Skip navigation

Climate change and African agriculture: unlocking the potential of research and advisory services

Climate change and African agriculture: unlocking the potential of research and advisory services

Morton, John (2017) Climate change and African agriculture: unlocking the potential of research and advisory services. In: Nunan, Fiona, (ed.) Making Climate Compatible Development Happen. Routledge, pp. 87-113. ISBN 978-1138657021

[img] PDF (Publisher's PDF Proofs)
16696 MORTON_Climate_Change_and_African_Agriculture_2017.pdf - Published Version
Restricted to Registered users only

Download (922kB)

Abstract

Throughout sub-Saharan African countries, people's livelihoods, poverty and food insecurity are linked to a risky and uncertain agricultural setting which accelerating climate change and other interconnected stressors threaten to make even worse (Niang et al., 2014). Agriculture is also a significant contributor to climate change either directly through farming-related greenhouse gas emissions or indirectly through forest clearance (Smith et al., 2014). Under these conditions, there is potential for African agricultural research and advisory services to become key actors in strengthening adaptive capacity and enhancing resilience - and more speculatively in embracing opportunities offered by climate mitigation and low carbon-development in agriculture - through the promotion of agricultural innovation and learning.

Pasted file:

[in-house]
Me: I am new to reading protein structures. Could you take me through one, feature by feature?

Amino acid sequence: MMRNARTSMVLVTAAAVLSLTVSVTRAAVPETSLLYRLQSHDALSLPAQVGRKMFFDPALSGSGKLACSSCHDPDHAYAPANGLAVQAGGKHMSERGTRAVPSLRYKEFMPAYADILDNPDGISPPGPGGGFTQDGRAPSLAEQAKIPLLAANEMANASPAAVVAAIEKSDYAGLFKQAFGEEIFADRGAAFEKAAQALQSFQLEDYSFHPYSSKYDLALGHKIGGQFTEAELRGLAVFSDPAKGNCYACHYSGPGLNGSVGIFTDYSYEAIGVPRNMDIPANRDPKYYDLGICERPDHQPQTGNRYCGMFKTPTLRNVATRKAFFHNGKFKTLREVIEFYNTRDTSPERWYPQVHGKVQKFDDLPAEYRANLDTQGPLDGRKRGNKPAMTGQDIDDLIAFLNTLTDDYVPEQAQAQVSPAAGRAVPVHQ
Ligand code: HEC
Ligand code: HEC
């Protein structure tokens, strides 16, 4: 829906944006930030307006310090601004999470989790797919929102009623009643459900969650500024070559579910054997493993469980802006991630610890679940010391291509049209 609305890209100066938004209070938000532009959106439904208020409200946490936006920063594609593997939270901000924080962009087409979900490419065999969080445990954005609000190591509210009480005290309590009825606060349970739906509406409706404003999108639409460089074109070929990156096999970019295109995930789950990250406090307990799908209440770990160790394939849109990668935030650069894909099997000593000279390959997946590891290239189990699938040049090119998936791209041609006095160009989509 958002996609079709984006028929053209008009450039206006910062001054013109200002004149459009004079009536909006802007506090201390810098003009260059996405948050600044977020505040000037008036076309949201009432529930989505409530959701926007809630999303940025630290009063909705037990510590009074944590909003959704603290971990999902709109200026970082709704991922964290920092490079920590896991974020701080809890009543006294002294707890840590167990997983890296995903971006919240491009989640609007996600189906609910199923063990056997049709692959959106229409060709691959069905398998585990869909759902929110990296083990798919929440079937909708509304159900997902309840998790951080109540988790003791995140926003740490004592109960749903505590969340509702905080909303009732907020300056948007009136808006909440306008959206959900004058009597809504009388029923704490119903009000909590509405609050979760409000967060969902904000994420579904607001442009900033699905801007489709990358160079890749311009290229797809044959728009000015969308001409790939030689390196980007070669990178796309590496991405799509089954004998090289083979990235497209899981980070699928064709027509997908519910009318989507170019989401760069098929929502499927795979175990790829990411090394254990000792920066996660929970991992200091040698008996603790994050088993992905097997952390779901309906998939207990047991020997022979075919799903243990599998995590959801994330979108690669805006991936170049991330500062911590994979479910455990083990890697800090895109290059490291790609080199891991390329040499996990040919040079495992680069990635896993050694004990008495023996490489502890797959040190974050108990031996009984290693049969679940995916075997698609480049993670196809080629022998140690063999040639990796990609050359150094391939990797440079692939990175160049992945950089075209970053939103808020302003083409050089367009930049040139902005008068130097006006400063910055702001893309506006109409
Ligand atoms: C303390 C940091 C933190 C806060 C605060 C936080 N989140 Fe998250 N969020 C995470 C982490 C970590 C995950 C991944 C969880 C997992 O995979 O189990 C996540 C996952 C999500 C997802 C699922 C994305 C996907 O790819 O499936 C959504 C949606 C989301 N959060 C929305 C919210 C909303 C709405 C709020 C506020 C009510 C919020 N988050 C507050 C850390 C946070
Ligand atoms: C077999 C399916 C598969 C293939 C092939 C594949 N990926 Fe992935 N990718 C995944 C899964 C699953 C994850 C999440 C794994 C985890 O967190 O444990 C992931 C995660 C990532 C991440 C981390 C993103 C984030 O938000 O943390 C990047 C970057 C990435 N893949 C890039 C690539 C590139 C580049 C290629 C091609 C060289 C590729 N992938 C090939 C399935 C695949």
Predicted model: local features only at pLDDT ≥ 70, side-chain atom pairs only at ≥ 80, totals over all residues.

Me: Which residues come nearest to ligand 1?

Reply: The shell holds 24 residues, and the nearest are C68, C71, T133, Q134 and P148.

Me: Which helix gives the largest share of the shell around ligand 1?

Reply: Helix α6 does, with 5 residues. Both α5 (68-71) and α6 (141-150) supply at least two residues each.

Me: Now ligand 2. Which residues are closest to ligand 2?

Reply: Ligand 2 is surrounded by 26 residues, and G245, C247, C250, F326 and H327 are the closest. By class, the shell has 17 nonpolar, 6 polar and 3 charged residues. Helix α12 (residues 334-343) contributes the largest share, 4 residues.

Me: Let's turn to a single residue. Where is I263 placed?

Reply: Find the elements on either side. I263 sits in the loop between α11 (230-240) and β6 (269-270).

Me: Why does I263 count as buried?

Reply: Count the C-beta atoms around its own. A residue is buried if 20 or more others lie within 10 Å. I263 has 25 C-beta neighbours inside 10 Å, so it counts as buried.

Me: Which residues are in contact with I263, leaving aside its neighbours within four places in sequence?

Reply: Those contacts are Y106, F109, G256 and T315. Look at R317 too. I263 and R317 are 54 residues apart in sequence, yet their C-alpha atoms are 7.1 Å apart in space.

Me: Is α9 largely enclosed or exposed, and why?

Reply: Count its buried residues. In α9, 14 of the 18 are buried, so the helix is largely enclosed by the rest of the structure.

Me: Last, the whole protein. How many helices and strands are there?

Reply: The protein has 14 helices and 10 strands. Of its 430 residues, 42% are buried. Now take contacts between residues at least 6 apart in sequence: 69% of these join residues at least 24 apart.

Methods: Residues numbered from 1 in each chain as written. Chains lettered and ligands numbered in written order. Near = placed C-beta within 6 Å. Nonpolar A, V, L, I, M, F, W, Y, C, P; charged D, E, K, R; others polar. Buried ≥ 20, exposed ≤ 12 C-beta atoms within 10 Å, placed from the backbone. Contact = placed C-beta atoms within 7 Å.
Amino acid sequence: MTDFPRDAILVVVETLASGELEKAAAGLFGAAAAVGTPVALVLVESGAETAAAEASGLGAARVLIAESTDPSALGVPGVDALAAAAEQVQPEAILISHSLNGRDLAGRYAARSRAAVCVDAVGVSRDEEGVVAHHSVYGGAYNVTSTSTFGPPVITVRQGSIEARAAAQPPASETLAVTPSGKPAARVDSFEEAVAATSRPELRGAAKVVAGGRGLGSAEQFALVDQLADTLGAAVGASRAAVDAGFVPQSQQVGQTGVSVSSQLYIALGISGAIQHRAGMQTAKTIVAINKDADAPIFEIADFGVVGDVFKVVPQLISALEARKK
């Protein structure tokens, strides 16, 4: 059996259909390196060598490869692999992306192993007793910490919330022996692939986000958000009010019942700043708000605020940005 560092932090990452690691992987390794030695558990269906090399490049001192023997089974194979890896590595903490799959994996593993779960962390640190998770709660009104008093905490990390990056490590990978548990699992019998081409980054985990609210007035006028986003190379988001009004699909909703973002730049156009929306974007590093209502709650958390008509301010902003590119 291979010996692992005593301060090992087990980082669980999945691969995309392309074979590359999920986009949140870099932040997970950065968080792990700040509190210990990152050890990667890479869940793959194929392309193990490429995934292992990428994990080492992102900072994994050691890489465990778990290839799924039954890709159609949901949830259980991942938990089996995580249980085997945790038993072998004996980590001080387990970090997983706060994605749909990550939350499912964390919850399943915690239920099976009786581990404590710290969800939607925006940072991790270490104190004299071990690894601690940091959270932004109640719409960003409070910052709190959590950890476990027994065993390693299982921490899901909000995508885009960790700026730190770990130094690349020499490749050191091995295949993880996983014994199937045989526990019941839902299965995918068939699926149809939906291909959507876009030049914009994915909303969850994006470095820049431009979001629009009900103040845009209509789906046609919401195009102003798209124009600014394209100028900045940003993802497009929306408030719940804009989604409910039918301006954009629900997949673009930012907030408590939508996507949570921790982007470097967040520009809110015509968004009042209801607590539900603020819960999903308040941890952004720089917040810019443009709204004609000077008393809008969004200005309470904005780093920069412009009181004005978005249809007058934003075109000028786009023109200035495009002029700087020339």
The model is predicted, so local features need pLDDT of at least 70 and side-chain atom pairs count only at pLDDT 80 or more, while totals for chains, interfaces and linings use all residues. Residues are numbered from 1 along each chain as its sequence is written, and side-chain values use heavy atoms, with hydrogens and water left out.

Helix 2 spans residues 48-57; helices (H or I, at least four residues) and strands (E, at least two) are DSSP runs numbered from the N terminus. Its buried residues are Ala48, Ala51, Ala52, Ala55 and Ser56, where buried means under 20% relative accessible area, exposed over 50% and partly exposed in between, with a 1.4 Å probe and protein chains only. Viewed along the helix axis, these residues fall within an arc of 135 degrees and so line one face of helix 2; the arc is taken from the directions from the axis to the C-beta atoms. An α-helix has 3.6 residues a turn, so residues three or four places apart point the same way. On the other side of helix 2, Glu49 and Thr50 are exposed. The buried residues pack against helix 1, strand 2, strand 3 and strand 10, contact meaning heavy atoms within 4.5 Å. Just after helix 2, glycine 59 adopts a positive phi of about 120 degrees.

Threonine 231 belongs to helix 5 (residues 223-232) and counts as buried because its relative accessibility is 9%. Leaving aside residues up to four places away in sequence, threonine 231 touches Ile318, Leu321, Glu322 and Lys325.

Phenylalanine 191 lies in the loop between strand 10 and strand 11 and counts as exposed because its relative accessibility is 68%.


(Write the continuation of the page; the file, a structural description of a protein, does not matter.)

This chapter relays findings from the Climate Learning for African Agriculture (CLAA) project to show the current obstacles to African research and advisory services in realising this potential. These obstacles include: the disjuncture throughout Africa between climate policies on the one hand and agricultural policies on the other; the limited learning resulting from localised projects; and the generic resource constraints experienced by government services. Key issues for unlocking the potential will include: embracing and taking further the turn from dissemination of technology to facilitating innovation systems; dealing with climate variability and risk, including through seasonal forecasting, as a basis for longer-term adaptation; assuming the role of brokering or facilitating contacts between farmers and climate finance; uptake of new opportunities from information and communication technologies; and continuous learning within and between policy, service delivery and farmer levels.

Item Type: Book Section
Subjects: S Agriculture > S Agriculture (General)
Faculty / Department / Research Group: Faculty of Engineering & Science
Faculty of Engineering & Science > Natural Resources Institute
Faculty of Engineering & Science > Natural Resources Institute > Livelihoods & Institutions Department
Last Modified: 12 May 2017 11:38
Selected for GREAT 2016: None
Selected for GREAT 2017: GREAT c
Selected for GREAT 2018: None
Selected for GREAT 2019: None
URI: http://gala.gre.ac.uk/id/eprint/16696

Actions (login required)

View Item View Item

Downloads

Downloads per month over past year

View more statistics